Did Rich Brooks get while the gettin’ was good, knowing that there were tough times ahead for Kentucky? Or have most of Joker Phillips’ moves — getting rid of some of Brooks’ old assistants, for example — just been bad ones?
Either way, Phillips is captaining a ship that appears to be sinking. Right after Brooks spent years raising it from the bottom of the Big Blue sea.
How bad have things gotten in the Bluegrass State? John Clay of The Lexington Herald-Leader wrote this of the Wildcat football program this morning:
“With two games remaining in this 2011 season, it’s painfully obvious that the last two years under Rich Brooks, and probably even the first season under Phillips as head coach, Kentucky’s recruiting was not as advertised.
This is still a team bereft of playmakers on offense, that lacks stoppers on defense, that does not have the kind of difference-makers you need to compete, much less win in the SEC.
That being said, too many times in Phillips’ 23-game tenure as head coach, Kentucky has shown up flat and ill-prepared. That’s the combination that produces performances indicative of poorly coached teams.
It was striking on Saturday that Vanderbilt, playing under a first-year coach in James Franklin who had never been around the Commodores program until last spring, played with so much more energy and enthusiasm than did Kentucky, a team playing under a second-year head coach who served as an assistant at the same school the previous seven years.”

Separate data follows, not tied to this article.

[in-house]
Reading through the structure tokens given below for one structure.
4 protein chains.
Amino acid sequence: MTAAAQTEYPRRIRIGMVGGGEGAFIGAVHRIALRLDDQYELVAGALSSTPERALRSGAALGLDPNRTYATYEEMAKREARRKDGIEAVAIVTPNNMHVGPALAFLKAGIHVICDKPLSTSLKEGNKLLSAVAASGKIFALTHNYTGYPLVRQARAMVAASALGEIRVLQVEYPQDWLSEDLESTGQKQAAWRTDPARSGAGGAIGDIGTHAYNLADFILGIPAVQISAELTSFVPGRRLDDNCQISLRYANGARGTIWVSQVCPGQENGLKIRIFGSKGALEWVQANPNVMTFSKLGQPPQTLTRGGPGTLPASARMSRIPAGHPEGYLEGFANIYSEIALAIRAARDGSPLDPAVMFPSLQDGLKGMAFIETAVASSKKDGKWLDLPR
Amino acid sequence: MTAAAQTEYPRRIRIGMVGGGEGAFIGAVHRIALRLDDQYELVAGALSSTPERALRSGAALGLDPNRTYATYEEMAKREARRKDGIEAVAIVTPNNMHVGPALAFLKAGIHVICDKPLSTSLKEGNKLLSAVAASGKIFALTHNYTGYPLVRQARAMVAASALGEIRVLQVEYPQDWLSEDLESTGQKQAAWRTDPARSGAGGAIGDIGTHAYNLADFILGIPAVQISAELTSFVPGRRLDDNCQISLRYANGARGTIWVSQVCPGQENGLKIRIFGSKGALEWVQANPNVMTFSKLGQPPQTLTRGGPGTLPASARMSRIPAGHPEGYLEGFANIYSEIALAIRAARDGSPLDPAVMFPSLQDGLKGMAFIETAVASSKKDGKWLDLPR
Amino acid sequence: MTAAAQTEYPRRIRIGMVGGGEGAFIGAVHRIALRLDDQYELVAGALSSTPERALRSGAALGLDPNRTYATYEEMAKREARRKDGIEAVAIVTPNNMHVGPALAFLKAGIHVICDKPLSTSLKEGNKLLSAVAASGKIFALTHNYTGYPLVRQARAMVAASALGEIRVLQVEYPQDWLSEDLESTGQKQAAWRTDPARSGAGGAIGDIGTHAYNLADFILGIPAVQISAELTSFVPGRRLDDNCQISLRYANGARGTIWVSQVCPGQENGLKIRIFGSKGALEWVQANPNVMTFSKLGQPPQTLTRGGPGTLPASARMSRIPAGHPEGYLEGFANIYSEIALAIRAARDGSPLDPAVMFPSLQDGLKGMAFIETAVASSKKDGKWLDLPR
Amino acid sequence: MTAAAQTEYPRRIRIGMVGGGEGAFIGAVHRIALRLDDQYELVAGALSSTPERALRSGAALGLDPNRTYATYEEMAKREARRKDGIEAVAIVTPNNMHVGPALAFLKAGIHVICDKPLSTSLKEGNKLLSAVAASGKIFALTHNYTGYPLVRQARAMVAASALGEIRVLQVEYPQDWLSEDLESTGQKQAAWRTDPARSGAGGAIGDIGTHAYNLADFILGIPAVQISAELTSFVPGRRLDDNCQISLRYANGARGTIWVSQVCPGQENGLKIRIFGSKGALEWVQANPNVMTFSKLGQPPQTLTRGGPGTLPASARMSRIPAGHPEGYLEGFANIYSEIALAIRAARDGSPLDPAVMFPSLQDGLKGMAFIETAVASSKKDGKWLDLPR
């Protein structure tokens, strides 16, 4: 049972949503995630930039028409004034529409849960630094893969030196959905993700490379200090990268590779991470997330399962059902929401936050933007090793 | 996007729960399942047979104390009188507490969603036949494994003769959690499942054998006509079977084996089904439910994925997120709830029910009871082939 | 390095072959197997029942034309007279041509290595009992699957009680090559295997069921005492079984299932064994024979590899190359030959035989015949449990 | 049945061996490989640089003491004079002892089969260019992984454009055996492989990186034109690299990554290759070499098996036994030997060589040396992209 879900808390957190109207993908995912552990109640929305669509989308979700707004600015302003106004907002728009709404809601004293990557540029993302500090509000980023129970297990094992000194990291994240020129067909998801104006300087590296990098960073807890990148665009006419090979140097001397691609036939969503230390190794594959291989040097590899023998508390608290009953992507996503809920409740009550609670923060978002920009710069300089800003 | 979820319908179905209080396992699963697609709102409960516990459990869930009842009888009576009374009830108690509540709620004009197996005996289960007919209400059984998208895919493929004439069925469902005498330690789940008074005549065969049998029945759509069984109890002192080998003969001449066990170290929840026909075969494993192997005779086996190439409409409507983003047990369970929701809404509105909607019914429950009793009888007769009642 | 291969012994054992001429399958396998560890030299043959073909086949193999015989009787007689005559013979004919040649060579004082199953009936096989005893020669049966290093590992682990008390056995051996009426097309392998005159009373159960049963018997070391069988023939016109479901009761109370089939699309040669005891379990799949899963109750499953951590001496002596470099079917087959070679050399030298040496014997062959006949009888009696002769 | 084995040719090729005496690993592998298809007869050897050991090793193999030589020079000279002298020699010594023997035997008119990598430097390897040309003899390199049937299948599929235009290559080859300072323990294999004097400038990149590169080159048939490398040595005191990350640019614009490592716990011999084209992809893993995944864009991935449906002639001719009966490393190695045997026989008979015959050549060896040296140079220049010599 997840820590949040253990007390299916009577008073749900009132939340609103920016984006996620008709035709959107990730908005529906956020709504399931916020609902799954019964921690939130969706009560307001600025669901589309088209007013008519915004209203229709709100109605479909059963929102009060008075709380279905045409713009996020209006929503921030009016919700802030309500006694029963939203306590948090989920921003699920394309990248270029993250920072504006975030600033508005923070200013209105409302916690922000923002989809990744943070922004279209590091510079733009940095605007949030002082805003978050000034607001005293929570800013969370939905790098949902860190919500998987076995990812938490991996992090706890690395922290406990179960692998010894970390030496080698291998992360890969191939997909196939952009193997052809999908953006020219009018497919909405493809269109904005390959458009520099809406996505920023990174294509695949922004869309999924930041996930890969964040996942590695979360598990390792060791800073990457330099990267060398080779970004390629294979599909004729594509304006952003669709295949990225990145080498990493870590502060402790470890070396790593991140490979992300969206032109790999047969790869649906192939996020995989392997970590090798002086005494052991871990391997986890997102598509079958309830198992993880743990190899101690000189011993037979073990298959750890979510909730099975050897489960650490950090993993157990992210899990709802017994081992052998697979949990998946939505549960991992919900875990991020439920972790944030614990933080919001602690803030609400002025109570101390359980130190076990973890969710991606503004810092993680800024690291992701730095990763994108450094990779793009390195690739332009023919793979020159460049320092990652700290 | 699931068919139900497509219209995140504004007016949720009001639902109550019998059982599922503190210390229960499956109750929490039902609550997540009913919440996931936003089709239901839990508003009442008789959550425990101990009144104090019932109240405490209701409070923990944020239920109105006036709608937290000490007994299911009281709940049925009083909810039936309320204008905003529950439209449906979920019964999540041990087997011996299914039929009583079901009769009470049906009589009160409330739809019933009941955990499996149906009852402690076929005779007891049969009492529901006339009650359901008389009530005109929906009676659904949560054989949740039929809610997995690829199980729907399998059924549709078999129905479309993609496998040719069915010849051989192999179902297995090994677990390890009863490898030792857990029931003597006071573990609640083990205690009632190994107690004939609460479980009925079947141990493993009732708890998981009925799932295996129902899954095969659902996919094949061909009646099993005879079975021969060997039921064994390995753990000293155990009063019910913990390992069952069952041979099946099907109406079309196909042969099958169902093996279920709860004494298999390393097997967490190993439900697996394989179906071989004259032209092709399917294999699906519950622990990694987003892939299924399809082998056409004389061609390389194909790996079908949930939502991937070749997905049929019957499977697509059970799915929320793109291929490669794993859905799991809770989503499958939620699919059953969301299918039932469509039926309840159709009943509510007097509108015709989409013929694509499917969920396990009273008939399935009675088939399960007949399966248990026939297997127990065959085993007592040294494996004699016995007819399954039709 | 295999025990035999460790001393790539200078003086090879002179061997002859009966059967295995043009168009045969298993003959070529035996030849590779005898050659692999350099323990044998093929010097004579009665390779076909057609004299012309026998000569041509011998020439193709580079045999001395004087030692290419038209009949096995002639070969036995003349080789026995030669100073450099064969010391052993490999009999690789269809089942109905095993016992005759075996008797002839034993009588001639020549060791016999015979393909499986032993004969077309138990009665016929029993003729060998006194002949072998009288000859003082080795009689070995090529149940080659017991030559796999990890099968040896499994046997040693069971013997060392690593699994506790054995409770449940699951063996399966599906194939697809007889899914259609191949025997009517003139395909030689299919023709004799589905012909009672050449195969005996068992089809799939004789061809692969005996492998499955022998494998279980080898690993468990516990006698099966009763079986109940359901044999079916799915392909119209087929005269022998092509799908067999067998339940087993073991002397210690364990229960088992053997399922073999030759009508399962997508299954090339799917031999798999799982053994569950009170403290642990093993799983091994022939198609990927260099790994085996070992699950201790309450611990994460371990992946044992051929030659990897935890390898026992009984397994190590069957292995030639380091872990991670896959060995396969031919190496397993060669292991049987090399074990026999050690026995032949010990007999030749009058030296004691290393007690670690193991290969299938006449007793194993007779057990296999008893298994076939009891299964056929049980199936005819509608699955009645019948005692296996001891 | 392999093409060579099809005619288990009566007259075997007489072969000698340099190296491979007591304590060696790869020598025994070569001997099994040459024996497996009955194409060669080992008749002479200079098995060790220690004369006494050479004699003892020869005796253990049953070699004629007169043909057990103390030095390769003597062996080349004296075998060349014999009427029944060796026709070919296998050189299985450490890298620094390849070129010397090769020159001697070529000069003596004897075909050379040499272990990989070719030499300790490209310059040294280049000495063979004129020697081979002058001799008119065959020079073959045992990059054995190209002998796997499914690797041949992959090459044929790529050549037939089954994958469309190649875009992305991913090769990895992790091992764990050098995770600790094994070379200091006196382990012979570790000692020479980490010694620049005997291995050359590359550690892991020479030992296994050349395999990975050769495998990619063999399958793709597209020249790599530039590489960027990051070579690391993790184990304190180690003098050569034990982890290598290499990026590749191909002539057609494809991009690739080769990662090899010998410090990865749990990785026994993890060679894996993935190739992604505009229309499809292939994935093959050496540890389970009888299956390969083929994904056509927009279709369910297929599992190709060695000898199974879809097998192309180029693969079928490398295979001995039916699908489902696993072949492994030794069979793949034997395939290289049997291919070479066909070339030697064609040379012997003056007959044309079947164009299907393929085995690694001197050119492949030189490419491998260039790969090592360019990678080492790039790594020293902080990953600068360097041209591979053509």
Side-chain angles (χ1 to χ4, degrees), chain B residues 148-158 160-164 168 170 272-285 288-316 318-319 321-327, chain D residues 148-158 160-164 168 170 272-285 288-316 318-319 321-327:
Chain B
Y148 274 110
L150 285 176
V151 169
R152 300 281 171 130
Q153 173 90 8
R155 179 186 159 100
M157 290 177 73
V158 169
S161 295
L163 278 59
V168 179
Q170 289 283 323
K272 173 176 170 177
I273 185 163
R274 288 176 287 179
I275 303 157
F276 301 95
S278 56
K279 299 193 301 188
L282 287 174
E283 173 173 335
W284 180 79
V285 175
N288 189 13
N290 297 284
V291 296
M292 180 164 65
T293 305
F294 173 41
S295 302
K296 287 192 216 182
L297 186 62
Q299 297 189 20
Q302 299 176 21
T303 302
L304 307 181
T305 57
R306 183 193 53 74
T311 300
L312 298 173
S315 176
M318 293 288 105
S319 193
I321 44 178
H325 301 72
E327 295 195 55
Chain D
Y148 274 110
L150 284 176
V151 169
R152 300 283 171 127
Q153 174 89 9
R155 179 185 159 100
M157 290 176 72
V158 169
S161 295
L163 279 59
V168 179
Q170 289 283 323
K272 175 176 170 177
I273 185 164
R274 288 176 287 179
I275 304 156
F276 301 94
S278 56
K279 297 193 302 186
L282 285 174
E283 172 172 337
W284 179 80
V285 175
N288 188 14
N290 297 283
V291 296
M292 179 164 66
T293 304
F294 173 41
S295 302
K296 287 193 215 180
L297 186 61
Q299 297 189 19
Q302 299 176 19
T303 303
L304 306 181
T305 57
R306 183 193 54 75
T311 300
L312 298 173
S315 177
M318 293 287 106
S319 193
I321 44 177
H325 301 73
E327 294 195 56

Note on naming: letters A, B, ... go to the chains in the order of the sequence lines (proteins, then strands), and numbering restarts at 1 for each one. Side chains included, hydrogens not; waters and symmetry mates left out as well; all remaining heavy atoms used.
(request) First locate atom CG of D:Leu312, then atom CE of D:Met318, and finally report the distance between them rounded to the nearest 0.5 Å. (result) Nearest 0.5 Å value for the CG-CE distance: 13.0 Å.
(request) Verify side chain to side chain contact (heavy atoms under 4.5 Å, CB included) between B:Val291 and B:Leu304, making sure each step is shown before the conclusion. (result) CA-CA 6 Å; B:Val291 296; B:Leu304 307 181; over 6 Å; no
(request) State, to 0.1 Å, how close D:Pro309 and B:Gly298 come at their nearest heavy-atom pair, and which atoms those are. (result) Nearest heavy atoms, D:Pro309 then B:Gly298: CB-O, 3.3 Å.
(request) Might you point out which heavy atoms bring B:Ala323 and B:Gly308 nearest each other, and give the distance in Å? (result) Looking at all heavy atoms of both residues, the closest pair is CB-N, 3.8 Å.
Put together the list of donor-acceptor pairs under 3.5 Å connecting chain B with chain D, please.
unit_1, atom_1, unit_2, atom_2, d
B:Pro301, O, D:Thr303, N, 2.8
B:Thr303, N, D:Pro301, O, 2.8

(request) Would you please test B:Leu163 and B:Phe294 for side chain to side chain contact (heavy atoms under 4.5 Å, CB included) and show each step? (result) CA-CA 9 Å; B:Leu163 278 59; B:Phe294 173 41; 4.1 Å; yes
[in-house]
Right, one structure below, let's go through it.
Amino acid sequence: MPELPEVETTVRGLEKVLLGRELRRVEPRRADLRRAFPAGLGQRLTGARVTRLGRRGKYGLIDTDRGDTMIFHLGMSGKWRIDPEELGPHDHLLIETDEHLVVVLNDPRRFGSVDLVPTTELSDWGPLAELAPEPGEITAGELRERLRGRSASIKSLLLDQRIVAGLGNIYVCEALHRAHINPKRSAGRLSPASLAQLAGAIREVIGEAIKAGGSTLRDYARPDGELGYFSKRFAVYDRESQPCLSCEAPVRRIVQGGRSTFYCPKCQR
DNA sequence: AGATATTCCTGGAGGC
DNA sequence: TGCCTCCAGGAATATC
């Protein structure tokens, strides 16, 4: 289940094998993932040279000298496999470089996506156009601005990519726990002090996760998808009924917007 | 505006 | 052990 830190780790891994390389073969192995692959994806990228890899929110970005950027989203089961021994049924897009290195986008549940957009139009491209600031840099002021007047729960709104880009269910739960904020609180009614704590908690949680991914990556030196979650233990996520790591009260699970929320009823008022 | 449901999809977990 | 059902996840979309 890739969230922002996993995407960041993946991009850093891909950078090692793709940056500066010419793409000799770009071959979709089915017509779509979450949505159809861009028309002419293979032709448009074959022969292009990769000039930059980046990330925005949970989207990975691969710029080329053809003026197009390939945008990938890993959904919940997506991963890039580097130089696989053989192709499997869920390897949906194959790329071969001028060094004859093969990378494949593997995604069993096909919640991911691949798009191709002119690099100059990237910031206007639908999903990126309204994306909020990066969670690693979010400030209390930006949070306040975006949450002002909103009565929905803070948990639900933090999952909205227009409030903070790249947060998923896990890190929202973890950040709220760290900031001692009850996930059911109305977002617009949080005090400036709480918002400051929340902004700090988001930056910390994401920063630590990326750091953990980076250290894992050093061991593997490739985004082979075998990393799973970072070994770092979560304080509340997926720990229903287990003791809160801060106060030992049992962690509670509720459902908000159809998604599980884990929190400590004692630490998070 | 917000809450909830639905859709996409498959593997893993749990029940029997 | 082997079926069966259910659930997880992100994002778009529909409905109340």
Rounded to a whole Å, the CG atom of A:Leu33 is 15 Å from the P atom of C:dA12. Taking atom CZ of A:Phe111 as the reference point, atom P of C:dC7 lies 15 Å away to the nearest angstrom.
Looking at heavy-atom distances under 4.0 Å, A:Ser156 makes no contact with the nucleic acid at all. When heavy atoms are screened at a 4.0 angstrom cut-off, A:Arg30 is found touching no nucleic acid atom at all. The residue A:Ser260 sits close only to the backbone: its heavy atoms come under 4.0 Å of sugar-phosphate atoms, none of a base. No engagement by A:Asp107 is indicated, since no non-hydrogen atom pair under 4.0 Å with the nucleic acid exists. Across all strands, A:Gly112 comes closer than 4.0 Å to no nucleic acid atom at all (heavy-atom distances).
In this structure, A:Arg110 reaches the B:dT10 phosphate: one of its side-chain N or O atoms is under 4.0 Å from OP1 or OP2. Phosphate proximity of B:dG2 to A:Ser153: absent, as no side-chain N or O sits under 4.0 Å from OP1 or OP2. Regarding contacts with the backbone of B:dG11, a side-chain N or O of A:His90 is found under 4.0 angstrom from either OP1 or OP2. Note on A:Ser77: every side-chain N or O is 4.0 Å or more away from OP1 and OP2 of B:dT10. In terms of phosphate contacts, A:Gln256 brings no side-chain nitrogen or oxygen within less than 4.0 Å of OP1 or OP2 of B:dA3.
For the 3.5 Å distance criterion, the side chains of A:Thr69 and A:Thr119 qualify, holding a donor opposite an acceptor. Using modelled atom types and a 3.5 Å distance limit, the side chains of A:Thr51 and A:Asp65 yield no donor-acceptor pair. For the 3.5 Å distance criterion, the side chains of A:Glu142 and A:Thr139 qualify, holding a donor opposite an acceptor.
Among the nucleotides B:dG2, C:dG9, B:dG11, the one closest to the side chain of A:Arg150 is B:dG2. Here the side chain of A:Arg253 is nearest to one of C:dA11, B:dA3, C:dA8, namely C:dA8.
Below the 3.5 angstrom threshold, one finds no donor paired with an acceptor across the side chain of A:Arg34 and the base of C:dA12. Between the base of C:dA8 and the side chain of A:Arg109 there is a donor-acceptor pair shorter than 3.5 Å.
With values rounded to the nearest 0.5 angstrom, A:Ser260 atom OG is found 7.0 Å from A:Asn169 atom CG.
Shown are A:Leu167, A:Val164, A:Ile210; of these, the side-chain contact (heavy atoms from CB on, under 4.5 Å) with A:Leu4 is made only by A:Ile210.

In Brooks’ final four seasons, the Cats finished 8-5, 8-5, 7-6 and 7-6. Phillips’s first season ended at 6-7 and UK is currently 4-6 with games remaining against Georgia and Tennessee.
While the offense has gone into hibernation this fall without solid replacements for Randall Cobb, Derrick Locke and Mike Hartline, it’s the defense that’s been the cause of Kentucky’s greatest woes… under both Brooks and Phillips.
In 2006, the Cats gave up an average of 34.5 points per game to SEC foes. That number dropped to 29.8 ppg in 2008. It dropped again in 2009 to 27.8. And from there it’s risen under Phillips — from 33.4 last season to a ridiculous 36.0 points per SEC contest this fall.
When your best work in a five-year span is holding SEC opponents to 27.8 points per game, you’re not going to win many contests. The fact that the defense has gotten worse under Phillips’ leadership — by more than a touchdown per game in SEC play — stands as the biggest difference between Brooks’ Cats and Phillips’.
If he can’t turn that around next season — when defensive coordinator Rick Minter will be in his second season — Phillips likely won’t be back in Lexington for Year Four.